• Allan was affected by medications and/or an underlying medical condition, which impaired his ability to operate the dozer and respond appropriately to his environment, or caused him to otherwise operate the dozer in an unsafe manner.
  • Allan lost control of the dozer because he was impaired by environmental factors, such as dust, or encountering a large rock. Because he was close to the edge, he was unable to regain control in time to either change course or operate the dozer down the embankment safely. 

The ICAM team identified four improvement opportunities for the BMA Saraji site. These centred on reviewing dozer risks, improving the Saraji risk management procedure, enhancing detailed mine scheduling and design, and management of medication among mineworkers.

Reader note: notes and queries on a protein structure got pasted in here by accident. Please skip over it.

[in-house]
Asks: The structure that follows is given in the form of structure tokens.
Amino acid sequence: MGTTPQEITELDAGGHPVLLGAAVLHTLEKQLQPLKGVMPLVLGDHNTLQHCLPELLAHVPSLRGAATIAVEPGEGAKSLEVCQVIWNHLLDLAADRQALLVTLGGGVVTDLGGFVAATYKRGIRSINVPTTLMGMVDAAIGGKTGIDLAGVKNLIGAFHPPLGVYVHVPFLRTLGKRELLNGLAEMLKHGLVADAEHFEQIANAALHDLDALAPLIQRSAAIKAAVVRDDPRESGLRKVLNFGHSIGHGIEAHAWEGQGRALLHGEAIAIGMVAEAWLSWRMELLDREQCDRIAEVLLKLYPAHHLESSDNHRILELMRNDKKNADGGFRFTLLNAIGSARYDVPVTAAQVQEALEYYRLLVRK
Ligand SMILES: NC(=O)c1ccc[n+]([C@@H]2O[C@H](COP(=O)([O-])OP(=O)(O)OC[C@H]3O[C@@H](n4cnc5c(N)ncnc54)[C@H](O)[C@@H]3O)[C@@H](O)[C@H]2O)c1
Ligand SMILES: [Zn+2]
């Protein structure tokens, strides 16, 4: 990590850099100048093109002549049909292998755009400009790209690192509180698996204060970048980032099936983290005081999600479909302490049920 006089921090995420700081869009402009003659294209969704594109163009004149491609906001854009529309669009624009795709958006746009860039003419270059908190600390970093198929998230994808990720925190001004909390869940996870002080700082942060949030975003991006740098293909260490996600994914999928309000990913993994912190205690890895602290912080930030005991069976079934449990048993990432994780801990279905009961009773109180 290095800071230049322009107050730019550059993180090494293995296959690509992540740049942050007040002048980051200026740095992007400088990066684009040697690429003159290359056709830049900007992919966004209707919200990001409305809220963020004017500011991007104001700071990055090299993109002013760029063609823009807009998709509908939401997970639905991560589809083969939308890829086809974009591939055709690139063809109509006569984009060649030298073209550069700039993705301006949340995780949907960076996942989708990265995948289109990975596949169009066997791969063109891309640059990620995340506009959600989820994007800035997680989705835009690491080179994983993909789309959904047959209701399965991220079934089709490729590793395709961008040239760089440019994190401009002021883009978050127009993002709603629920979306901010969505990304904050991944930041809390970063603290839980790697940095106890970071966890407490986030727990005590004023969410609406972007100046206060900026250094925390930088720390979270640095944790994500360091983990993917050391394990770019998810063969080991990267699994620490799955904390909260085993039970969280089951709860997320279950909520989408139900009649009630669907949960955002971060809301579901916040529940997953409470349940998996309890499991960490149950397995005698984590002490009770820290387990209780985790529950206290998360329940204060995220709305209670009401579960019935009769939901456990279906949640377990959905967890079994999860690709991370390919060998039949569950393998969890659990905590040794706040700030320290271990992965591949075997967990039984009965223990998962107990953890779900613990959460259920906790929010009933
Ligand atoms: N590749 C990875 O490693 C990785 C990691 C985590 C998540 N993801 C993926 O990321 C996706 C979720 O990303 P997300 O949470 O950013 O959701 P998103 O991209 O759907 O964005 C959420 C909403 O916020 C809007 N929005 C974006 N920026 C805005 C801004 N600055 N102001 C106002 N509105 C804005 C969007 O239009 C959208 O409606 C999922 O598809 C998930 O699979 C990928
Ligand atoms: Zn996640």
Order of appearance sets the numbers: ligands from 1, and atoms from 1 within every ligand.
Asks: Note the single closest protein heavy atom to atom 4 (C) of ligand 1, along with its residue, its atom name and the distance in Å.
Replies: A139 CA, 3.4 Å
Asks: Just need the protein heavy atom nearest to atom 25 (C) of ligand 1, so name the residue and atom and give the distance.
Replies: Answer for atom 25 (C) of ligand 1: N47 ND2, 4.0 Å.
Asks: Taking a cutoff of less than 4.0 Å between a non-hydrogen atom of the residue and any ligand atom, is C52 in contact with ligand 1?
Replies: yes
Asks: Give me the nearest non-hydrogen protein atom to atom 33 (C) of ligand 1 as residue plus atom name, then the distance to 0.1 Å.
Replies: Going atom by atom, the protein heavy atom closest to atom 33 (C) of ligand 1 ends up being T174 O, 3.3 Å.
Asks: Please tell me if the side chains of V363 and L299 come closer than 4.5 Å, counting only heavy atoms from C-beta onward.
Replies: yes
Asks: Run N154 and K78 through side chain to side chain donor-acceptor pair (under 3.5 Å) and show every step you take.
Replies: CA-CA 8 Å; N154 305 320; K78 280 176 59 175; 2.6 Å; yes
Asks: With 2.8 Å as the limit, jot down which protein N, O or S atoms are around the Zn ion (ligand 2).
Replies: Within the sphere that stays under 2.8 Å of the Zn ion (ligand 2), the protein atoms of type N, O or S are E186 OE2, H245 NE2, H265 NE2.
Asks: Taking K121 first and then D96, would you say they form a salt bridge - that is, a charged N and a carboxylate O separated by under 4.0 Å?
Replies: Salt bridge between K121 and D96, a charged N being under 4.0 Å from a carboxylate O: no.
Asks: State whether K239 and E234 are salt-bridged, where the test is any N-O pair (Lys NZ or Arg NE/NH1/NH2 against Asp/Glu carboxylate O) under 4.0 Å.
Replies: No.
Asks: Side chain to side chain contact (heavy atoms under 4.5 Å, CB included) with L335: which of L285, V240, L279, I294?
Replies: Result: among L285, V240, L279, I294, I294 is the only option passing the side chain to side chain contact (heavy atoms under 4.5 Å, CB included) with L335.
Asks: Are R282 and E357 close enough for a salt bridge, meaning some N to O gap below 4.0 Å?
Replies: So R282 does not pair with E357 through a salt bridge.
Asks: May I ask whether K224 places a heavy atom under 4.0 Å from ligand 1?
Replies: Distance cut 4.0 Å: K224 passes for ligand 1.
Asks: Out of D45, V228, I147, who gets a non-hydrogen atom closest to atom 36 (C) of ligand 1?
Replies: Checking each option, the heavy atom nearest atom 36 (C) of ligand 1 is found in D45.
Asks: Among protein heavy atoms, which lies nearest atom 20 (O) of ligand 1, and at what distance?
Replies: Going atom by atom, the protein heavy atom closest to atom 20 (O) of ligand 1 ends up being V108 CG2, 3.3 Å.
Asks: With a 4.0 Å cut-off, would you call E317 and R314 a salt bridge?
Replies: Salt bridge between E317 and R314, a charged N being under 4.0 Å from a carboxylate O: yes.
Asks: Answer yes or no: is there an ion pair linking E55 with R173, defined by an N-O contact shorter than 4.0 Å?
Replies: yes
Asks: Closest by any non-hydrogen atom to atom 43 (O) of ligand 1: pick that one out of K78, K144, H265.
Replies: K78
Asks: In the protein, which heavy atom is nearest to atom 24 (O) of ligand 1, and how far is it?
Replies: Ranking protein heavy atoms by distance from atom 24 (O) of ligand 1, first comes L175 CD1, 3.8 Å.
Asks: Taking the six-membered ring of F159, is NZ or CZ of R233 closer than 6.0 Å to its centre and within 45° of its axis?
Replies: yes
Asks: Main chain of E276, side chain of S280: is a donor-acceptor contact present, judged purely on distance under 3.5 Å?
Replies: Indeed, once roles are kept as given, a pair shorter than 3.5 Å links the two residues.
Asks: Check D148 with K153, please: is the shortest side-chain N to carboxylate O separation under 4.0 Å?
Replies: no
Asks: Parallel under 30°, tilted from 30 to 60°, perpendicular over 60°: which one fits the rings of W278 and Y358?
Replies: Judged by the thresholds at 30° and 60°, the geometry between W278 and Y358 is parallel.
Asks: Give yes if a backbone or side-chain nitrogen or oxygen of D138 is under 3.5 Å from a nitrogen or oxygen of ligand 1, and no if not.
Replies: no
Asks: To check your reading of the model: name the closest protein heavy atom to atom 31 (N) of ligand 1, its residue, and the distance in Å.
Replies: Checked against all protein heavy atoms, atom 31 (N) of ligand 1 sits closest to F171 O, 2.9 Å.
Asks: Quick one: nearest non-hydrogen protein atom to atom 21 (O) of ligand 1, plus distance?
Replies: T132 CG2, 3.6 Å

BMA previously shocked by charges as it extended an ‘olive branch’ to the regulator

Post the tragic loss of Alan Houston, BMA has reportedly made a concerted effort to fix dozer operation risks at its sites. The organisation also extended an ‘olive branch’ to the Queensland Department of Natural Resources & Mines in relation to the death through the sharing of a range of findings on the incident.

The charges reportedly came as a shock to BMA with the Asset President stating that the charges were “deeply disappointing news” in a brief to staff.

BMA’s Asset President, James Palmer previously told workers through an internal memo that “Since the terrible loss of Allan, and throughout our ­Incident Cause and Analysis Method investigation (ICAM), we have worked in partnership with DNRME, openly sharing our findings and the steps we are taking to ensure it doesn’t happen again”

AMSJ had sought feedback on the incident however a BMA spokesperson told AMSJ “As these matters are before the courts, it is not appropriate for us to comment further.”